The Middle Passage

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by umpiowl
Last updated 4 years ago

Discipline:
Social Studies
Subject:
African-American History

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The Middle Passage

15,000,000started the journey from Africa, but two out of 10 died on the journey.

The Middle Passage

Olaudah Equiano

"...I might say my sufferings were great; but when I compare my lot with that of most of my countrymen, I regard myself as a particular favorite of heaven..."

Lloyds of London began insuring shipments of slaves. They did not cover the loss of slaves if they were "destroyed by dispair," in other words, if they committed suicide by jumping off the ship.

Lloyds of London

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On board ship...

Slaves were first brought to Europe in 1441. They were brought to America in 1619.

Crossing the Atlantic...

The Amistad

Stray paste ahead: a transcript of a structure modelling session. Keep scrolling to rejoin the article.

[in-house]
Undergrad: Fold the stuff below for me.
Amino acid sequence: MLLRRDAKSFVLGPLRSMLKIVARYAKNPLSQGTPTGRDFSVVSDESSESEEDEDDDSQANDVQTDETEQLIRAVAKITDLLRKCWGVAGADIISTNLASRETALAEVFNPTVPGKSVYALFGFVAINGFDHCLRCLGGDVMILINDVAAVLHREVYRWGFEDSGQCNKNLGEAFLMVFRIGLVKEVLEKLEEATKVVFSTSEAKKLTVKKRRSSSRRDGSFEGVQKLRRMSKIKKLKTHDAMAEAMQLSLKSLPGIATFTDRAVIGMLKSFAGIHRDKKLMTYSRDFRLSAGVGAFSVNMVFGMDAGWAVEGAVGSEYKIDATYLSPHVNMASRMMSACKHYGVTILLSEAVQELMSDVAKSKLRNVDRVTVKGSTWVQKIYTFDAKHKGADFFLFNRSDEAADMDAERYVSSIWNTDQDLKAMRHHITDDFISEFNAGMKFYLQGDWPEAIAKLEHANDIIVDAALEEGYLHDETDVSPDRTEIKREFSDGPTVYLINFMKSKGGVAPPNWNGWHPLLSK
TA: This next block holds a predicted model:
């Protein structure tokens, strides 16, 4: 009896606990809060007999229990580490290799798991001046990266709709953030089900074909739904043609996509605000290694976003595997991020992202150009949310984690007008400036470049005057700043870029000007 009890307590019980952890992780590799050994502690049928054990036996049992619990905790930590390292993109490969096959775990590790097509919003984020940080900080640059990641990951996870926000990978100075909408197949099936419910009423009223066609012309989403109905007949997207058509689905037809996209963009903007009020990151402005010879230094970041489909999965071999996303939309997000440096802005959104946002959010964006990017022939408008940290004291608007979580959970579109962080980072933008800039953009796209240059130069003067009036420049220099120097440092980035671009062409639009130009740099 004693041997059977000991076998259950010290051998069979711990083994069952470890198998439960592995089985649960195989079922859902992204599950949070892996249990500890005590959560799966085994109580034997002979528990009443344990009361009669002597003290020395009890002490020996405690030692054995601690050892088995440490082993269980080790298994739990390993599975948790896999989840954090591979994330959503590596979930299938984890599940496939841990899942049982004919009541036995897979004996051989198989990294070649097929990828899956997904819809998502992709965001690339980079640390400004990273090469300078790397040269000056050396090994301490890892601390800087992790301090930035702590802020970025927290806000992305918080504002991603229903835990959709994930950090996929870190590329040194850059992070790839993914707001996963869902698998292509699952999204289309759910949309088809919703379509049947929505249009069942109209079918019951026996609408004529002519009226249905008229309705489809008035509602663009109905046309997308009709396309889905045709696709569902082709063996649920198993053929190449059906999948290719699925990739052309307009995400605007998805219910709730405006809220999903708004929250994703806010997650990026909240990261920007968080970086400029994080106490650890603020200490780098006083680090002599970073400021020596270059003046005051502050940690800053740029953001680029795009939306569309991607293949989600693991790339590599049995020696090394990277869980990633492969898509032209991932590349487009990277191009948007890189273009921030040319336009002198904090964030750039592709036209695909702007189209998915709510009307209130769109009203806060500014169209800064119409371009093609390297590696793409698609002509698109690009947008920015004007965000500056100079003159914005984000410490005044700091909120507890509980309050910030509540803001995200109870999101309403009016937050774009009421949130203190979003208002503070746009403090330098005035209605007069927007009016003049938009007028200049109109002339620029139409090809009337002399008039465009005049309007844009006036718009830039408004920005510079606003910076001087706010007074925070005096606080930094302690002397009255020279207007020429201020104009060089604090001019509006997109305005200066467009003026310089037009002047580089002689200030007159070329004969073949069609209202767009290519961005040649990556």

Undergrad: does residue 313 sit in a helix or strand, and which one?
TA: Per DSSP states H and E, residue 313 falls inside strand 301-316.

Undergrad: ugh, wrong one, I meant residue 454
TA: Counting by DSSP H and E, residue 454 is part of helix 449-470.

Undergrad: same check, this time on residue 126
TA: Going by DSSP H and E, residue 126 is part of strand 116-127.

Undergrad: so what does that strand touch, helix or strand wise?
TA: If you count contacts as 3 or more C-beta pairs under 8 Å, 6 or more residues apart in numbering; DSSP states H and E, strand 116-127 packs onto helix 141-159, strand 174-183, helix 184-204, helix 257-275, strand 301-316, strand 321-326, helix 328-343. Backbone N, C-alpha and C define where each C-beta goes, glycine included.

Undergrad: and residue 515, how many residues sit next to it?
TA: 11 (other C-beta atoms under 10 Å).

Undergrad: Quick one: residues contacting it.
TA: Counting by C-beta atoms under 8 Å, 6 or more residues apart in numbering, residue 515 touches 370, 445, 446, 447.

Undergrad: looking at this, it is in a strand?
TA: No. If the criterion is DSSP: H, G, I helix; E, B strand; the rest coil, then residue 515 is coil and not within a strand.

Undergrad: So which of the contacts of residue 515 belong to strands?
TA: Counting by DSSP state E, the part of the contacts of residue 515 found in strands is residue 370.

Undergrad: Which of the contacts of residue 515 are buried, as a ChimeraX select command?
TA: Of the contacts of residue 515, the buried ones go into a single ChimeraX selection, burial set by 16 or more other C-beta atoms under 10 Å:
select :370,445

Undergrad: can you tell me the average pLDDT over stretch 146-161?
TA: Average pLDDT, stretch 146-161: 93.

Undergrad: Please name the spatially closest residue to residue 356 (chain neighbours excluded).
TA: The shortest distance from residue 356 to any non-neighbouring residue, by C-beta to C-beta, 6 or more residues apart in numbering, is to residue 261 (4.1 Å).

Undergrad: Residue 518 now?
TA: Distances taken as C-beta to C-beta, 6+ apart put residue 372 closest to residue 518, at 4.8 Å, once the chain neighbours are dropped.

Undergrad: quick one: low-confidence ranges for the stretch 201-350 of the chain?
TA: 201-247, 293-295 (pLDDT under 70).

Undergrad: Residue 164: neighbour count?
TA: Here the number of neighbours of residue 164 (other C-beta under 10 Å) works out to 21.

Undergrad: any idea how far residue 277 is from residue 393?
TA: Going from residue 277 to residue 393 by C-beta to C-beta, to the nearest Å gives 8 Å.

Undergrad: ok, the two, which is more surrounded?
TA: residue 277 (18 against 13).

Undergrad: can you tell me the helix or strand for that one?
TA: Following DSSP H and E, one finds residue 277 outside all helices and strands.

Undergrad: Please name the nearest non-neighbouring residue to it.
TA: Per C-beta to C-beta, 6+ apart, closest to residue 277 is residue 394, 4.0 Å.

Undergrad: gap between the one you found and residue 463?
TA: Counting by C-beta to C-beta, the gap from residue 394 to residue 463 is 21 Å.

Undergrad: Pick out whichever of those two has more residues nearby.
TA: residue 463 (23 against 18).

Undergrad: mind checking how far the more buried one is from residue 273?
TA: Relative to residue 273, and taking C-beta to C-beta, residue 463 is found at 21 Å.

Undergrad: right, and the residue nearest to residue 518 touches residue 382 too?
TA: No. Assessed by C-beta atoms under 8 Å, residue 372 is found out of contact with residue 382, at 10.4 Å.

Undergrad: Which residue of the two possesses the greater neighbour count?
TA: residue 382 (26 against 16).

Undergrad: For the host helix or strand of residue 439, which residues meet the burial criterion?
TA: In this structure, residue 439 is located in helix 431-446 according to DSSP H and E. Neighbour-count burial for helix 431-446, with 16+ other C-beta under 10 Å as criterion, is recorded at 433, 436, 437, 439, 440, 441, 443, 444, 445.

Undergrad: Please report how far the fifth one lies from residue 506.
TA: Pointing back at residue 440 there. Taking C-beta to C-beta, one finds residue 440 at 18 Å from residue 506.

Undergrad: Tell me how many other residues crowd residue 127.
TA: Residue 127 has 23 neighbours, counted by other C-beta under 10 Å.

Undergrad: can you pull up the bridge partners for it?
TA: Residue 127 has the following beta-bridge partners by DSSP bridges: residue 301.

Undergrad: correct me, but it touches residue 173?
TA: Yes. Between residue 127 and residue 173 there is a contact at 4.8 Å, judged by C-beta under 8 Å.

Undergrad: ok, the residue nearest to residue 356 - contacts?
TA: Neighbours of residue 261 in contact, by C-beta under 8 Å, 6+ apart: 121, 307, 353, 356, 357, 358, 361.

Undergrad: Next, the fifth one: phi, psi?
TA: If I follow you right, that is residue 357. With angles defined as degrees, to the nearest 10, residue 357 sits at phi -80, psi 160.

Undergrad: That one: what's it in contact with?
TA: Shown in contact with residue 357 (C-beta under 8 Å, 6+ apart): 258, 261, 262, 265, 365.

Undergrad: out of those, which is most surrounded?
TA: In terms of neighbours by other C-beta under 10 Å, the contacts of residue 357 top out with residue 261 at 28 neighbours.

In January 1839, 53 African natives were kidnapped from eastern Africa and sold into the Spanish slave trade. They were then placed aboard a Spanish slave ship bound for Havana, Cuba.Once in Havana, the Africans were classified as native Cuban slaves and purchased at auction by two Spaniards, Don Jose Ruiz and Don Pedro Montez. The two planned to move the slaves to another part of Cuba. The slaves were shackled and loaded aboard the cargo schooler Amistad (Spanish for "friendship") for the brief coastal voyage.However, three days into the journey, a 25-year-old slave named Sengbe Pieh (or "Cinque" to his Spanish captors) broke out of his shackles and released the other Africans. The slaves then revolted, killing most of the crew of the Amistad, including her cook and captain. The Africans then forced Montez and Ruiz to return the ship to Africa.During the day, the ship sailed due east, using the sun to navigate. However, at night Montez and Ruiz would change course, attempting to return to Cuba. The zig-zag journey continued for 63 days.The ship finally grounded near Montauk Point, Long Island, in New York State. The United States federal government seized the ship and its African occupants -- who under U.S. law were "property" and therefore cargo of the ship. On August 29, 1839, the Amistad was towed into New London, Connecticut.The government charged the slaves with piracy and murder, and classified them as salvage property. The 53 Africans were sent to prison, pending hearing of their case before the U.S. Circuit Court in Hartford, Connecticut.The stage was set for an important, controversial, and highly politicized case. Local abolitionist groups rallied around the Africans' cause, organizing a legal defense, hiring a translator for the Africans, and providing material support. Meanwhile, the Spanish government pressured the U.S. President, Martin Van Buren, to return the slaves to Spain without trial.


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